It is essential for you to have fertile nutrient packed soil in your garden. Rich soil equals healthy plants—quality vegetables and beautiful flowers. In order for your garden to produce, you must take measures to make sure your garden soil can support your plants. Soil can lose its fertility over time and because of geography and seasonal change.
Good soil is dark, moist and very dense. Good soil not only helps plants grow, but also helps stop erosion. Good soil is comprised of soil structure, infiltration, bulk density, water hold capacity and depth. Good soil not only retains water, but effectively transports water to plant root systems. This process also provides an excellent habitat for beneficial microbes. The four biological indictors for good soil are soil respiration, microbial biomass and nitrogen. You soil should have good repository—producing nitrogen, and microbial activity to keep the soil stable.
Soil also has important chemical indicators—pH and electrical conductivity. Fertile soil creates the perfect conditions seeds need. Soil that reaches the optimal thresholds in microbial, biological and electrical conductivity literally provides the “spark” that starts seed growing.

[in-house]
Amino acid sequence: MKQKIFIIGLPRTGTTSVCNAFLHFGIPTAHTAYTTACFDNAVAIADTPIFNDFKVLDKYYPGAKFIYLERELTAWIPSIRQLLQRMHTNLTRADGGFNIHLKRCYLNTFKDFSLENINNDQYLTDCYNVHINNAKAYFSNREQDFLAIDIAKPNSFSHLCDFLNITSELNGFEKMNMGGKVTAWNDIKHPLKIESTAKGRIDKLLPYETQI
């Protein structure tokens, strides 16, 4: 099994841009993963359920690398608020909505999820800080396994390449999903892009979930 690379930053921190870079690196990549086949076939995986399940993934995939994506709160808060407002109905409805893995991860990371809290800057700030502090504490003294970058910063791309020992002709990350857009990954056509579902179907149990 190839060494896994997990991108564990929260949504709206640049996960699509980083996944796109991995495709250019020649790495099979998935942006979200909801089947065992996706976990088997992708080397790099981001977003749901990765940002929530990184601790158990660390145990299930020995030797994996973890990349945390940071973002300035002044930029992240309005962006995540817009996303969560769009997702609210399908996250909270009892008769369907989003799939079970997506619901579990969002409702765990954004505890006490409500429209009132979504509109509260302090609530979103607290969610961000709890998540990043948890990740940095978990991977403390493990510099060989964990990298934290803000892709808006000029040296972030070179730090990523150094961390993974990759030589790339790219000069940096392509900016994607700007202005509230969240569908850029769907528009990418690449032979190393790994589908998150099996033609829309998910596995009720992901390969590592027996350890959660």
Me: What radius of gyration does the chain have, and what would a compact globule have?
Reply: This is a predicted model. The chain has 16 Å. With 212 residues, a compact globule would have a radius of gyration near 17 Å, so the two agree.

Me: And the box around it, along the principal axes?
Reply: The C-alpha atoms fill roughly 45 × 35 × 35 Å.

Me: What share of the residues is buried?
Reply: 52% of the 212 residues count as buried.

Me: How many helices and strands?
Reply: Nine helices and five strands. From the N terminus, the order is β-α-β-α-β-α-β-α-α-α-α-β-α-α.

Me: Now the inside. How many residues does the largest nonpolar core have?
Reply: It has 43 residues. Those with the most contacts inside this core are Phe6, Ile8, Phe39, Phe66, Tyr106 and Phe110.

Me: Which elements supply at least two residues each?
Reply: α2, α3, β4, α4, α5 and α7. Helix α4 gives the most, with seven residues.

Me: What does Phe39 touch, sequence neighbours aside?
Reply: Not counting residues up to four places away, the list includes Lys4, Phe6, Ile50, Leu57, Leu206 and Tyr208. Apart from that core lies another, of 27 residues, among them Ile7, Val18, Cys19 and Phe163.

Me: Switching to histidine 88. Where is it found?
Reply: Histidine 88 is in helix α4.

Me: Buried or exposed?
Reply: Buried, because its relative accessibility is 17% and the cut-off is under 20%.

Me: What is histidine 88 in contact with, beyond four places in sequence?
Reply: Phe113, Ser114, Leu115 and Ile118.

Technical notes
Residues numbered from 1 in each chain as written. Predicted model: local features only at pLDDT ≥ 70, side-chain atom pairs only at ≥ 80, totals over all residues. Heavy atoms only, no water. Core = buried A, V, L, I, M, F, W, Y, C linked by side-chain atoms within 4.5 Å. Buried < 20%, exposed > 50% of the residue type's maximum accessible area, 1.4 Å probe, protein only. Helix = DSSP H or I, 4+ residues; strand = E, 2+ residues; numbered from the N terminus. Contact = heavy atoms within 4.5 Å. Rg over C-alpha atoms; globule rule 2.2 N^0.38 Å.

5 Useful Soil Quality Indicators:
1. Easy to measure
2. Can measure change in soil function
3. Has chemical, physical and biological properties
4. Accessible to many users
5. Sensitive to Climate
Soil Testing Basics
These indicators can be assessed by conducting a soil test. After testing your soil, you can evaluate by look for patterns in the data and take corrective action to enrich deficient soil. Testing soil pH is an important tool in your gardening arsenal. Soil pH testing is a fairly simple process. The pH level measures how acidic or alkaline your soil is. High pH levels mean lower micro-nutrients for your plants. Low pH level created too many micro-nutrients for your plants—balanced pH levels are vital. Here are the basic steps needed to test your soil:
Soil Test Steps
1. Follow the specific details about submitting your sample.
2. The following are general guidelines for sample submittal.
3. Sample your soil when it is moist, but not wet.
4. Use a clean pail or bucket.
5. Clear any surface litter or grass from the soil.
6. Dig out a small clump of soil to a depth of 6 inches.
7. Put the soil in your clean bucket or pail.
8. Repeat the process until you have enough soil.
9. Mix the soil thoroughly.
10. Take a sample from the thoroughly mixed soil.
11. Send in your sample for analysis.